the scope showed resonance problems in both channels around the 4-7 htz range - which Richard said were caused by a low mass arm being mated with an overly compliant cartridge. I told him that the ZYX and Triplaner often matched with great results - as many of you can attest to

we tried additional shims, counterweight options and also more and less weight to no avail
I typically run 1.75 g

he felt the high compliance of the cartridge and tonearm
combined with the highly resolving low end of the Dodd pre and Moscode amp were allowing the tonearm/cartridge resonance issues to be reproduced by the speakers

we checked the speaker baffle output and it wasn't sufficient to cause an issue

next step - Richard will bring a lower compliance cartridge to test out and see how it mates with the arm resonance wise

I'll call the various manufactures to get their input

any suggestions from others here on the arm / cartridge synergy would be very helpful


hit up an excellent website calculating resonance

I did a little research and calculations using the formula stated

check out the ZYX Universe site

that's a pic with a triplaner from their beloved US dealer Mehran

ZYX universe specs

Universe specs

horizontal 15 x 10 -6 cm/dyne
vertical 12 x 10 -6 cm/dyne

I have the SB (0.24mv) version

Triplaner specs

11 grams

resonance freq = 1000/6.28 *suare root (M*C))

for vertical 12 compliance = 13.86 hz

for horizontal 15 compliance = 12.40 hz

these are both in the ideal range stated in the gc audio article

high enough to be out of the record warp subsonic stage but low enough to be out of the musical relm (well, most music these days)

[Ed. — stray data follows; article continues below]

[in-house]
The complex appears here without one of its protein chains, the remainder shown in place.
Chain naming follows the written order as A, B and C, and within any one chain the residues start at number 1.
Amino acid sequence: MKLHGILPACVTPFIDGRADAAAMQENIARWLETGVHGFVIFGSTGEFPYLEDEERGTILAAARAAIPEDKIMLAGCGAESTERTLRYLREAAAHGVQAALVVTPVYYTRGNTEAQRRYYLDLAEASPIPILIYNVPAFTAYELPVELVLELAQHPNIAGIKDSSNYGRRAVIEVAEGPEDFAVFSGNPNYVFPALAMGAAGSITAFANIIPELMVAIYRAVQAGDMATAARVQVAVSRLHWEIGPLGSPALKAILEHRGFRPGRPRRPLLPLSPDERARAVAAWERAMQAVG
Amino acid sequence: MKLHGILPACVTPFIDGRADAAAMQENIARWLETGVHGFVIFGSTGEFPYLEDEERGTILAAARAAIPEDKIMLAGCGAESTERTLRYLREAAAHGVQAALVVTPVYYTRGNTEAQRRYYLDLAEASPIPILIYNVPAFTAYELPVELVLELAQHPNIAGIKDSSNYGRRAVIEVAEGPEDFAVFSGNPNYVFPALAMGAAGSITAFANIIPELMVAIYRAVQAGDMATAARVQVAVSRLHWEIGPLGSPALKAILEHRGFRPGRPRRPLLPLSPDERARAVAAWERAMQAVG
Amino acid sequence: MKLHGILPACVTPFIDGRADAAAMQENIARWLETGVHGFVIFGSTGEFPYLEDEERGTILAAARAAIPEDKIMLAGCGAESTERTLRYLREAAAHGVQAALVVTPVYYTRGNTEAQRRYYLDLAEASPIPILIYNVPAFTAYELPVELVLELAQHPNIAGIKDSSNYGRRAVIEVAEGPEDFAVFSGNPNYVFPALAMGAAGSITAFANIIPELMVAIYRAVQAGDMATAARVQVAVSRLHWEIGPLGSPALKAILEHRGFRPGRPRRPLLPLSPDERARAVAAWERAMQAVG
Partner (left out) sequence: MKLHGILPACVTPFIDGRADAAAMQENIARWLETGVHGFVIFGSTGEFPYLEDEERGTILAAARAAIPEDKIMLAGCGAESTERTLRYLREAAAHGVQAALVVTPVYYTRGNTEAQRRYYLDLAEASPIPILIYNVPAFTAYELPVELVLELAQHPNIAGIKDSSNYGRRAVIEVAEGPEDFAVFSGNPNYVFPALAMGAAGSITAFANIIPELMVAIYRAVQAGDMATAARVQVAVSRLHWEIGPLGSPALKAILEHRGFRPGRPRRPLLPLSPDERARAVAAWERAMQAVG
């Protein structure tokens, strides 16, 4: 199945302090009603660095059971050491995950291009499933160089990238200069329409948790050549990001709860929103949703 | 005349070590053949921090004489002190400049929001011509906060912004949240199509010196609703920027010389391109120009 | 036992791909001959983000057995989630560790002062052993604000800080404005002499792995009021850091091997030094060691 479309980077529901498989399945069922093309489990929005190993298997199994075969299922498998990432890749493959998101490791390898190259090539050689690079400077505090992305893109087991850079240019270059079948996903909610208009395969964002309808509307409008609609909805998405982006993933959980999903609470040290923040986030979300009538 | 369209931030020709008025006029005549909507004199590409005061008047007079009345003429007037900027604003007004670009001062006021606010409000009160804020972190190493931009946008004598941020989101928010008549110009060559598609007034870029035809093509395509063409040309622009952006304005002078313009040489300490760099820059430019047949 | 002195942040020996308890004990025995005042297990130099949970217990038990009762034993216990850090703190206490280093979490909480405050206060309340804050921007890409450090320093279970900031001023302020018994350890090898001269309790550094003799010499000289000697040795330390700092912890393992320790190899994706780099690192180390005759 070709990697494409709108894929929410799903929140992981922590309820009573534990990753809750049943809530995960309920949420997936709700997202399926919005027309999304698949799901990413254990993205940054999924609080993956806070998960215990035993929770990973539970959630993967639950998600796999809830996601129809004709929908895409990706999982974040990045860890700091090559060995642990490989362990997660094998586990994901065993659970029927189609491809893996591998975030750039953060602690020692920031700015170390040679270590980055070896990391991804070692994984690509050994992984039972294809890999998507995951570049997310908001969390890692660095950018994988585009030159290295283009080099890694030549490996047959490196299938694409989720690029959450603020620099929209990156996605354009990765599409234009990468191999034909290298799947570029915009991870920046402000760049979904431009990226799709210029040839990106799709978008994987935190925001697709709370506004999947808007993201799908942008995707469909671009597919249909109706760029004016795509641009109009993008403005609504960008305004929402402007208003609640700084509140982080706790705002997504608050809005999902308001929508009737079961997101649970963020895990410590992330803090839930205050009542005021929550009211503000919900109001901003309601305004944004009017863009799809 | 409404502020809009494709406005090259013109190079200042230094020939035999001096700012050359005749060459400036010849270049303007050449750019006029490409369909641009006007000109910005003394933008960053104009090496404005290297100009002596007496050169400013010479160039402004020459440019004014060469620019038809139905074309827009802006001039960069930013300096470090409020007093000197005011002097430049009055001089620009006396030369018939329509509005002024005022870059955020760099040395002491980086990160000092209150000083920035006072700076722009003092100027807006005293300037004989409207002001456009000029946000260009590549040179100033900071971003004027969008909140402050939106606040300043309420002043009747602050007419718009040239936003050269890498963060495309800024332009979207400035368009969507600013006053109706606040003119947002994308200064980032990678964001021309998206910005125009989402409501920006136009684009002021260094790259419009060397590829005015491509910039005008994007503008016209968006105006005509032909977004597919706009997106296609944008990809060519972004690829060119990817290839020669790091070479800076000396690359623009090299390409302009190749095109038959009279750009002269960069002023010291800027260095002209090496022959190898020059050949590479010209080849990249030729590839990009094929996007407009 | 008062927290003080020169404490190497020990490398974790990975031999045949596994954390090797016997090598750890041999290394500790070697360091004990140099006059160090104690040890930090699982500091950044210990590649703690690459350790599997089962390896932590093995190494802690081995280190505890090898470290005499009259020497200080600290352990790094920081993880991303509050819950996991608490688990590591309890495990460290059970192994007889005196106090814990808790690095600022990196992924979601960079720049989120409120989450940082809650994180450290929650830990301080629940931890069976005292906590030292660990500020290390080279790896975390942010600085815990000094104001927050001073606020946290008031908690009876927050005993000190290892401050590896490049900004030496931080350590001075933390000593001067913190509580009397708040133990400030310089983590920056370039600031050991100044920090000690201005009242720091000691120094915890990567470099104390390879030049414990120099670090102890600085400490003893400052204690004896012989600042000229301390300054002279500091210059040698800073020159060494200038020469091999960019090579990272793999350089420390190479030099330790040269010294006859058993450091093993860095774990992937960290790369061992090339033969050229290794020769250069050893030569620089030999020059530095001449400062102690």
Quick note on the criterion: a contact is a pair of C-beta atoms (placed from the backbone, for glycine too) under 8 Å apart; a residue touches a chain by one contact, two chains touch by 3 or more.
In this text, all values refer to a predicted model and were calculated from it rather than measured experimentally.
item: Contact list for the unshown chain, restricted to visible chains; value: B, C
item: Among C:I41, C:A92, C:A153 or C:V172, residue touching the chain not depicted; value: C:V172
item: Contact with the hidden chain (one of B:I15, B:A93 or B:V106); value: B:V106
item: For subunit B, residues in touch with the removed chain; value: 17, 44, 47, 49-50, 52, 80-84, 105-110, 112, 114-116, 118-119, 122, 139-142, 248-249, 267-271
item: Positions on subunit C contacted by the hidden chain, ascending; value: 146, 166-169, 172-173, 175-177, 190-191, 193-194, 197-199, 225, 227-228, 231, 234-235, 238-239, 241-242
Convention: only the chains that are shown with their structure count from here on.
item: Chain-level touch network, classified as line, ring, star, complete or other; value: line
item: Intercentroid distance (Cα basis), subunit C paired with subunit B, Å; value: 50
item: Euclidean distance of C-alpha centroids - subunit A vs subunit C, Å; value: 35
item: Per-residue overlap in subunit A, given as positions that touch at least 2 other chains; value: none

so what gives?

perhaps dampening trough needed?
Hi Tom,

I spend Sunday at Doug's and we were thinking about your issue. There were a couple of noticeable woofer excursions but I believe each could be attributed to vinyl anomalies. I think from your description your woofer pumping is much more frequent.

There are obvious differences between speakers. Driver suspension, crossovers, internal box pressures, etc. The Salks may simply be use drivers with different mechanical properties and parameters. The fact that your friend also has Salk's and they pump as well is telling us something. I do remember my 10t being susceptible to woofer pumping with vinyl. A local brick and mortar guy once told me "Perhaps it is time to put the covers back on and quit watching them." This was after he was satisfied no damage was being done. He's an experienced Linn-ey. Don't rule this out as possibly the final solution. If you don't hear problems, don't go looking for them. :-)

If this is increasing with volume, Doug could be on to right track. It should be easy to get an idea if this is the problem. If you haven't already tried this, here is an experiment that may help show you something. Try moving your speakers farther into the room at least 4-5' from any wall, back and sides, and see if the pumping decreases.